Day of Access came from an elegantly simple idea – helping people with physical limitations access wild landscapes using Land Rovers on hill and forest tracks. A pilot day took place last June, and 12 more are planned for 2020. Finlay says: “There is a kind of disability heroics, where you’ll get people in wheelchairs abseiling off cliffs. It’s all wonderful, but I’m more interested in a kind of gentle revolution.”

One theme he comes back to again and again in our conversation is the potential of poetry and art to reconcile opposing forces, to contain complexities. He describes his “found poem” “A Better Tale to Tell,” written after the independence referendum using submissions to the Smith Commission, as a work of “a work of healing.” He is concerned by the vitriol unleashed on social media at and between poets, fuelled by the current political environment and identity politics.

“It is approaching a crisis in Scotland in terms of a culture of accusation, blame, bullying or false accusation. It’s having a strong impact on people’s mental health. My generation of poets are concerned, and younger poets are often terrified, suffering what I call “peer fear,” afraid of being attacked by people they know or don’t know. In response I’m interested in ideas of parley and truce. Festivals are important because they are places where people can meet and talk these things through, that’s how reconciliation happens.”

He adds: “I grew up with a difficult, wonderful father, who made pastoral artwork, and combined a playful sense of the poetic with an attraction to the taboo of violence. This current atmosphere reminds me of the most bitter of his disputes. I learned, from the personal cost my family paid, how destructive those disputes can be, breaking relationships, leaving deep wounds, and how no good comes from them. I see that behaviour repeated now among a handful of younger poets.”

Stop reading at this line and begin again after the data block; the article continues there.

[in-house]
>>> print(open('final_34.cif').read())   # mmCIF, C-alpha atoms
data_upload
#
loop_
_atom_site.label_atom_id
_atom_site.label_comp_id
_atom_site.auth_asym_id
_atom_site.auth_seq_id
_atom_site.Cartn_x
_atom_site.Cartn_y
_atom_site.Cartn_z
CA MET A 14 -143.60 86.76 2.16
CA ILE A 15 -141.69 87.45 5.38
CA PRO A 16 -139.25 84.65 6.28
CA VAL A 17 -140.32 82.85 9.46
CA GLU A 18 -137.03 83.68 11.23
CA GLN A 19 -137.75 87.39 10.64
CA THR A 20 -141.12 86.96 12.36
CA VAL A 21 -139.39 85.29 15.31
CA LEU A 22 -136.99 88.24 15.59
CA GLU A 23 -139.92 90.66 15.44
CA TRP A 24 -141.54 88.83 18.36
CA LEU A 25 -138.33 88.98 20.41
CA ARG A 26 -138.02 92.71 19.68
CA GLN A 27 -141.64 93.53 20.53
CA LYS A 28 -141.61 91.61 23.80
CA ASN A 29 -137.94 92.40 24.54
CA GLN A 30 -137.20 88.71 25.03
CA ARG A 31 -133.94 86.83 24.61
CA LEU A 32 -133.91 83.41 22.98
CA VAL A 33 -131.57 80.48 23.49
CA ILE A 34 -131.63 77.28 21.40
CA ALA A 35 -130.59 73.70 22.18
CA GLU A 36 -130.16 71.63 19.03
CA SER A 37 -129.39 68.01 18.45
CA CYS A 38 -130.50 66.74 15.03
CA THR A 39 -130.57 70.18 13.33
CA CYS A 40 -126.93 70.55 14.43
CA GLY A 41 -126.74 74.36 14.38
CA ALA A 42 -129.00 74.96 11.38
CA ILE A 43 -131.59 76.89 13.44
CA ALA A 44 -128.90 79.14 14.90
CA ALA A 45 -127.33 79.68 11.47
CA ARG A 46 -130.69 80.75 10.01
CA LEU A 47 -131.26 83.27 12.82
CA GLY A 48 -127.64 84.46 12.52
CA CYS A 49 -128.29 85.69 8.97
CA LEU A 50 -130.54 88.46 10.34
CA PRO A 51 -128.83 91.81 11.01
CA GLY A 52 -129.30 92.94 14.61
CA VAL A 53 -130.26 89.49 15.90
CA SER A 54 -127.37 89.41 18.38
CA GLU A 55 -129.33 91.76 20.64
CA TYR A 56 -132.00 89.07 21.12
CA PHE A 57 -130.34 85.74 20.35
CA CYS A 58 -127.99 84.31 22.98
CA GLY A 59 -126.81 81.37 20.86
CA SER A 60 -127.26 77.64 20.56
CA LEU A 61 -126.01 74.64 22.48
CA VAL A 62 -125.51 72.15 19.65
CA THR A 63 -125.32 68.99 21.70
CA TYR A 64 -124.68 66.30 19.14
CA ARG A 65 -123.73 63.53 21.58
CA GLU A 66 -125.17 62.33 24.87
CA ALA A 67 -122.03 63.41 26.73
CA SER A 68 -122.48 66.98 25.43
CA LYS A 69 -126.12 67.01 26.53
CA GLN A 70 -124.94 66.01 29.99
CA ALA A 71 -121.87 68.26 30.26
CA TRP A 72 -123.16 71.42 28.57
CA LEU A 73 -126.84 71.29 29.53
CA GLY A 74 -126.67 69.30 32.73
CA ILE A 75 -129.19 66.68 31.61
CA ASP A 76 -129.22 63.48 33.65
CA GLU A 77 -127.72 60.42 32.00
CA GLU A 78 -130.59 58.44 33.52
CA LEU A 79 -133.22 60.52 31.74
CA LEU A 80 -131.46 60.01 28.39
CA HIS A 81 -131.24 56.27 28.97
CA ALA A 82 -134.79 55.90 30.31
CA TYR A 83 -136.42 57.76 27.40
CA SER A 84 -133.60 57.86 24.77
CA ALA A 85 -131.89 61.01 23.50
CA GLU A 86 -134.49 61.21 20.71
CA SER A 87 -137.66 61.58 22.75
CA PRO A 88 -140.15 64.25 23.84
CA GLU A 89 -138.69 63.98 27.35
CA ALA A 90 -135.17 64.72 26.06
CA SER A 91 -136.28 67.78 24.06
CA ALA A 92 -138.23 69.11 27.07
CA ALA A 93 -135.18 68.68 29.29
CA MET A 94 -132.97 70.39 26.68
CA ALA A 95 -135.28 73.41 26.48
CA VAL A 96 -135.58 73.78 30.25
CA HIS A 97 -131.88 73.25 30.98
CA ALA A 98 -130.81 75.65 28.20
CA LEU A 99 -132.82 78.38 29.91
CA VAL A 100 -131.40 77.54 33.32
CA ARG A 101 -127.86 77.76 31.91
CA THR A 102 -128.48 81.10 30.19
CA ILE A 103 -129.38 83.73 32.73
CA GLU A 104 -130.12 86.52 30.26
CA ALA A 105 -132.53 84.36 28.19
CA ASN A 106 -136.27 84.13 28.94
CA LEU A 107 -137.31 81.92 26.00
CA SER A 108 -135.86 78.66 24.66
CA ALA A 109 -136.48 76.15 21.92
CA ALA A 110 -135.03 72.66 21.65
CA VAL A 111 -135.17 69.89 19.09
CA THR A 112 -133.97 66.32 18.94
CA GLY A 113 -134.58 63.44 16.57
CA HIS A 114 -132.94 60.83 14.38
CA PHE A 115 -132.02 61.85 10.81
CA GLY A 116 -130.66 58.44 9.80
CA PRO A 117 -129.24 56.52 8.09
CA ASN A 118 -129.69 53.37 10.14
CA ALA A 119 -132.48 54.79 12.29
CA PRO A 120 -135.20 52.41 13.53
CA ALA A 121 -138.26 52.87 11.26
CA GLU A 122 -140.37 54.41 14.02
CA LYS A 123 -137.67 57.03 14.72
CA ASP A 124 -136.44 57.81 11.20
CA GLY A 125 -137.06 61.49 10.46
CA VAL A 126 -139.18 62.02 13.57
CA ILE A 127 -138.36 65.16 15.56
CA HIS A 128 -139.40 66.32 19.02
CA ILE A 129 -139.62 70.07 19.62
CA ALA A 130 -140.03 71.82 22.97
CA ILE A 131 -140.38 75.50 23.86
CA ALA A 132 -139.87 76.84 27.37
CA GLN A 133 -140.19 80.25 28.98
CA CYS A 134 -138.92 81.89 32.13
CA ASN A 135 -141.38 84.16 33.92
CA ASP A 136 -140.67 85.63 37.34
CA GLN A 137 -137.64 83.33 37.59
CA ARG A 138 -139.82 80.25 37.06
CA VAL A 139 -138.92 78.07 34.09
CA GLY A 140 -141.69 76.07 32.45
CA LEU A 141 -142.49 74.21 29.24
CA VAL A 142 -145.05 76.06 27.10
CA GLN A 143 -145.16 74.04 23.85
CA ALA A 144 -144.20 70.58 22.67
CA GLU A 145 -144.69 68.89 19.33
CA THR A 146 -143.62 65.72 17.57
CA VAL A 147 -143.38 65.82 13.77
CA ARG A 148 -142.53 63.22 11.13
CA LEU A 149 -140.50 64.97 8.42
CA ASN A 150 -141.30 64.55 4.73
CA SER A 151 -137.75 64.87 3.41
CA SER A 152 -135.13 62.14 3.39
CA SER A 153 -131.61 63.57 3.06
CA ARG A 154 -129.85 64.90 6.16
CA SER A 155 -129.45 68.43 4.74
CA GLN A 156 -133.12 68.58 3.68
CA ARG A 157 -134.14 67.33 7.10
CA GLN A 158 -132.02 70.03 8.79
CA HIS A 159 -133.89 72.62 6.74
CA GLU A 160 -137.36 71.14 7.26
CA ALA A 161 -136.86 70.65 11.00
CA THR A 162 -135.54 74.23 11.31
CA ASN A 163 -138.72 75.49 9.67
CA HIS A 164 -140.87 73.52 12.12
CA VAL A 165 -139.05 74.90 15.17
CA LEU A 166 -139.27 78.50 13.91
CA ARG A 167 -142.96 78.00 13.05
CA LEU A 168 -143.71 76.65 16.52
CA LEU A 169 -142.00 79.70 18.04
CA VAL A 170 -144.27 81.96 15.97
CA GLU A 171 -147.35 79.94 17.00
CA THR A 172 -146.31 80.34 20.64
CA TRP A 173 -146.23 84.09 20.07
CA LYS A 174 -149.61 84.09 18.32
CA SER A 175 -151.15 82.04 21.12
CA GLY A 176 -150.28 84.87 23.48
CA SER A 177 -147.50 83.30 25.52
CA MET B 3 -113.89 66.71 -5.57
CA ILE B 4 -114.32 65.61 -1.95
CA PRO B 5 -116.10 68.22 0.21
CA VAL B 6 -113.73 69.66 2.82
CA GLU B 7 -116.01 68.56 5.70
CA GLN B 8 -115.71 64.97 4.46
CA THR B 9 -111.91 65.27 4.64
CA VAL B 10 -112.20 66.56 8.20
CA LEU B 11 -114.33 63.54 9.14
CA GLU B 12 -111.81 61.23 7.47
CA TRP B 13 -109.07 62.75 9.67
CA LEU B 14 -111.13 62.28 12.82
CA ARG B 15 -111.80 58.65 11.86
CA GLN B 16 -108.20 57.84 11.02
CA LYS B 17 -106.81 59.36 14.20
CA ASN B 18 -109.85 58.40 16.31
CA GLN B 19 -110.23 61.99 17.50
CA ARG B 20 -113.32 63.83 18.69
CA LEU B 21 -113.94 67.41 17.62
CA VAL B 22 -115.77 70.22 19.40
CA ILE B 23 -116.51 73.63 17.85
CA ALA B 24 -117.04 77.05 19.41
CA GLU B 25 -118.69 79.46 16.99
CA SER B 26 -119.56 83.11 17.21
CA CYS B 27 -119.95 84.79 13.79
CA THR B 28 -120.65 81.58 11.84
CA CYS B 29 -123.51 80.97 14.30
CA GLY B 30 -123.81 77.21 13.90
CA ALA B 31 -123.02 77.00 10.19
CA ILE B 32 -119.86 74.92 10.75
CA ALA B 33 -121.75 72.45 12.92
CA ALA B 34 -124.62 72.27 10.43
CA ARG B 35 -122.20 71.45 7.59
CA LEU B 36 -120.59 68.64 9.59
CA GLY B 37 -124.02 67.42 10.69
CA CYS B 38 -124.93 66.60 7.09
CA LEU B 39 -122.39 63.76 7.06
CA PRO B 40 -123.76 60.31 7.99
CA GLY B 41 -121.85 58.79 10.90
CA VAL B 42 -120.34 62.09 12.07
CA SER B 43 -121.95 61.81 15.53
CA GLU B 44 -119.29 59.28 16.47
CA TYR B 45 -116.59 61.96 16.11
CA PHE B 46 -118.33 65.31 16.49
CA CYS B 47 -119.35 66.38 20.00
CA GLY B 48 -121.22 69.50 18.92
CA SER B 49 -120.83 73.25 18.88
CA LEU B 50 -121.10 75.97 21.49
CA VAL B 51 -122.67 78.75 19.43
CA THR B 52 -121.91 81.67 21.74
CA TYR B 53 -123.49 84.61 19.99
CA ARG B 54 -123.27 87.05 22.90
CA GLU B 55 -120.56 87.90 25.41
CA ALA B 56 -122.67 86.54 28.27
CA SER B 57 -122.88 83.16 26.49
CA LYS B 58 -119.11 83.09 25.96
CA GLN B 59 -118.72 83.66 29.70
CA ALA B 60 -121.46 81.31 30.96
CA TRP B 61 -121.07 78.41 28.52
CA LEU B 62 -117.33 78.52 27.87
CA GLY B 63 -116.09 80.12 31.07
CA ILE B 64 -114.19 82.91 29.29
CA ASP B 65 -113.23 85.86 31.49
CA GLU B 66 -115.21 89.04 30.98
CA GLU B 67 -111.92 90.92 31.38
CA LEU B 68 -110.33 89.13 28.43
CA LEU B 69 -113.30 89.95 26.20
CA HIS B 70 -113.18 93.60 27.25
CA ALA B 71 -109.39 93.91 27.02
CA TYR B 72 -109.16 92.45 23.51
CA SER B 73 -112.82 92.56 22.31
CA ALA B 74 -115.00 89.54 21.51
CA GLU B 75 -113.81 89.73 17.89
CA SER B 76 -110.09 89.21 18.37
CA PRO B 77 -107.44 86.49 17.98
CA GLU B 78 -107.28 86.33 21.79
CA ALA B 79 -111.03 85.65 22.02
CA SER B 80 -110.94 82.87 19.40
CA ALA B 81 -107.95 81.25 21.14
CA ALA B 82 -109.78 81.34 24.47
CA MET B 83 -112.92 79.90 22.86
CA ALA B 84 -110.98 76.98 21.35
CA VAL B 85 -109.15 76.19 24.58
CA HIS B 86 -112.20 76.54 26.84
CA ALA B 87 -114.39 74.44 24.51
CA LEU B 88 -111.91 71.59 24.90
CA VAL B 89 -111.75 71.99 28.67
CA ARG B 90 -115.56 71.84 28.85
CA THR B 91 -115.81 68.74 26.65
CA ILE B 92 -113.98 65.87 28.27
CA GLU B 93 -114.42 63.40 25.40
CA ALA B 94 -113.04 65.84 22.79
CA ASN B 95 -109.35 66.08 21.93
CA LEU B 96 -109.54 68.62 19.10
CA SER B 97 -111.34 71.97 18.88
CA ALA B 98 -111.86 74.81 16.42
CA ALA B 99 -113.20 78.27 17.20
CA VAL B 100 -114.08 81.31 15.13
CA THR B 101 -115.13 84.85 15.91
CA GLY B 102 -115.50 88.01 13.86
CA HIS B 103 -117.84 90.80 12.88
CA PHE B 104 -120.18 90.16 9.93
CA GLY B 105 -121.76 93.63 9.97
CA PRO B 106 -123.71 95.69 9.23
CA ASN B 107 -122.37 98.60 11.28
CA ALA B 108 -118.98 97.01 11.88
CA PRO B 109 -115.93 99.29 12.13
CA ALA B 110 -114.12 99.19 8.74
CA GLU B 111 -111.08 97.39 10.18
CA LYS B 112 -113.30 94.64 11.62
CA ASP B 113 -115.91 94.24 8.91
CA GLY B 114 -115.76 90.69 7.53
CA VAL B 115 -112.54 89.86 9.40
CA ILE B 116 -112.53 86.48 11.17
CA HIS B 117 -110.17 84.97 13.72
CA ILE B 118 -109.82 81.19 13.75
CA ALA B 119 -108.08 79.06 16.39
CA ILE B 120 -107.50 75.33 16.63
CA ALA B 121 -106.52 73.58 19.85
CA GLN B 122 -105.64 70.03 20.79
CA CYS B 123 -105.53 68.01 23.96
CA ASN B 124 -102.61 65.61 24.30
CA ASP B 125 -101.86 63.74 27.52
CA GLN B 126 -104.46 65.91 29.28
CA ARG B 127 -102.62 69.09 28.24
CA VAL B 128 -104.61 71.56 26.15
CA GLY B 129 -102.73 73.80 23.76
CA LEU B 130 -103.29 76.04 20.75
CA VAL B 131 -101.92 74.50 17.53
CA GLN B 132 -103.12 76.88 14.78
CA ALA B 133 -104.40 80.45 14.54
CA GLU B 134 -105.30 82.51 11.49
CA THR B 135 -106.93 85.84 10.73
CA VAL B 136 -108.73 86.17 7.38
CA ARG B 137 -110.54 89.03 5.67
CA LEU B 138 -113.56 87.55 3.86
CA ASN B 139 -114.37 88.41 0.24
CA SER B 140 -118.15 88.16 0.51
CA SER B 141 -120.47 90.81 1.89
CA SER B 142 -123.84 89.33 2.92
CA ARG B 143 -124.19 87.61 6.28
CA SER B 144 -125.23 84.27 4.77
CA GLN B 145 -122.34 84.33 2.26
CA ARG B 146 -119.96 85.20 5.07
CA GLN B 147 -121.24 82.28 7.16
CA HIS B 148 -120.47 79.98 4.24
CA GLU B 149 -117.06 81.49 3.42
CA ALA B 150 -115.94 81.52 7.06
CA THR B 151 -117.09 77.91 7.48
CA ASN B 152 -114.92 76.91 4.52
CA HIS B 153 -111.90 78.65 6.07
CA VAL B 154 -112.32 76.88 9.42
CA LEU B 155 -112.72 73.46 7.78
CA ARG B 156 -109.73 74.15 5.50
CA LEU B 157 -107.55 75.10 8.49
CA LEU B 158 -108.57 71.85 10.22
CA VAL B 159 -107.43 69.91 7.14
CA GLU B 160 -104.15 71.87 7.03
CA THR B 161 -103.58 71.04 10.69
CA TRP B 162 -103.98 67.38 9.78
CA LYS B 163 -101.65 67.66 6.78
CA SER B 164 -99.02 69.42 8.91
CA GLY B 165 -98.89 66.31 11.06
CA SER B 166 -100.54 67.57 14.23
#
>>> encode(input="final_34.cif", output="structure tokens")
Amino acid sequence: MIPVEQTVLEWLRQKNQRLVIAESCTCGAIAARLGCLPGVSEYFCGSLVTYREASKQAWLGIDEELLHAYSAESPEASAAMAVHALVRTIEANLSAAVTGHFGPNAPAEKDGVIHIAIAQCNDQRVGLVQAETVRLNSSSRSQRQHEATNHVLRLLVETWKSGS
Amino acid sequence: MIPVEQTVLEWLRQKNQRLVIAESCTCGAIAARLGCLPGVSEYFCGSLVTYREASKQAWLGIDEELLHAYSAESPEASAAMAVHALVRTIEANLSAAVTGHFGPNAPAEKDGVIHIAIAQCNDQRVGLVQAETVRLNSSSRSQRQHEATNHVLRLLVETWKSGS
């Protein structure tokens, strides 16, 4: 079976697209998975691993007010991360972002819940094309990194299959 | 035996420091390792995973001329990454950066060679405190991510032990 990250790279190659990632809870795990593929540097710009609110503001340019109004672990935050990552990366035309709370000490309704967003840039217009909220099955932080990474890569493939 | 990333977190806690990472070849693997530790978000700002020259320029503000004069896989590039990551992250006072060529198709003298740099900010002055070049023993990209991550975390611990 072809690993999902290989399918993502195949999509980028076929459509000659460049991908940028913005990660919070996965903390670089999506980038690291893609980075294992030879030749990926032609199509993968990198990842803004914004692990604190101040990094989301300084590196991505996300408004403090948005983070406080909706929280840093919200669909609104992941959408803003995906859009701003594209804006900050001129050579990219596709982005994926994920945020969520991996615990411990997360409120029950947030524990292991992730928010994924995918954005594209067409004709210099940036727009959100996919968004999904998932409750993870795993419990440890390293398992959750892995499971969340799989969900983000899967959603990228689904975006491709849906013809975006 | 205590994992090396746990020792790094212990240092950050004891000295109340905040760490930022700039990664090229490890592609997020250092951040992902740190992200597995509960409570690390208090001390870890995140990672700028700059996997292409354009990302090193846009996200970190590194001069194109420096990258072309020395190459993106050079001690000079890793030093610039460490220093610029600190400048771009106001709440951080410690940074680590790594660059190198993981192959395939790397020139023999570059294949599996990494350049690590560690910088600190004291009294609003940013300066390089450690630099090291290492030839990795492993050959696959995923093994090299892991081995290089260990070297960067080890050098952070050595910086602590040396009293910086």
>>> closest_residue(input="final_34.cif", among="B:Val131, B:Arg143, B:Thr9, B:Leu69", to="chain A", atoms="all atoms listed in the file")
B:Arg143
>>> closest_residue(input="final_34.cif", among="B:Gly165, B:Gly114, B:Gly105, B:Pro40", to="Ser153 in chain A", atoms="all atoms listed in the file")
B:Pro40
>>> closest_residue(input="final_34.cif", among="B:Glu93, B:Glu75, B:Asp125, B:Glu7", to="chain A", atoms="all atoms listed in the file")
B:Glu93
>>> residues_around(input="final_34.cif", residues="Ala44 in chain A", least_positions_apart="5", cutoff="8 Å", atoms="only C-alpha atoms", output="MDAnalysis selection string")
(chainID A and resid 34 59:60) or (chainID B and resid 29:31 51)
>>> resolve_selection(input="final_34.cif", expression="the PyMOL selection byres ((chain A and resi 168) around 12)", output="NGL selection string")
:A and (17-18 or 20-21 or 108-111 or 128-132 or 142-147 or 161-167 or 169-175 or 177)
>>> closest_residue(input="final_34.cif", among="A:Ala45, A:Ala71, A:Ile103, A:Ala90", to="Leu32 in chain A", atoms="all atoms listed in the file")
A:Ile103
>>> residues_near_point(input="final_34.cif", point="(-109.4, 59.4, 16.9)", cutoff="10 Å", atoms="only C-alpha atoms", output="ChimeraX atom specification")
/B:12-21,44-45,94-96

It would be unfair to Finlay’s own significant body of work to spend too much time comparing him with his father, though there are clearly parallels in their ways of working. He requests that if I mention his father, I also mention his mother, Sue Finlay, for whom he has fought for recognition as the co-creator of Little Sparta, the art garden at Stonypath in the Pentland Hills.

“I know the obvious thing is ‘What did I get out of my mum and dad?’ and I don’t know. It wasn’t as obvious as growing up there made me an artist or poet. It made me interested in books. I always said my dad’s library was the influence on me, and Pocketbooks was the natural outcome of that.
“I saw creativity happening between my mother and father, that was really it, although they didn’t talk about it. So I had a curiousity which was about a dynamic between two people, and I’ve gone on to work quite relationally.

“My dad was disabled with agoraphobia, he never left Stonypath until almost the end of his life. He never would have thought of identifying as a disabled artist, but he was. I didn’t talk about myself in that way, and I don’t want to be only that, but it did give me an aesthetic. Creativity is always about limit for me, though it isn’t limited. The blanket can be a mountain, and the mountain can be a blanket. It goes both ways, and that is art.” 

StAnza takes place at various venues in St Andrews from 4-8 March. Alec Finlay will read on 5 March in Parliament Hall. He will also lead a ‘Minor Walk’ on 6 March, www.stanzapoetry.org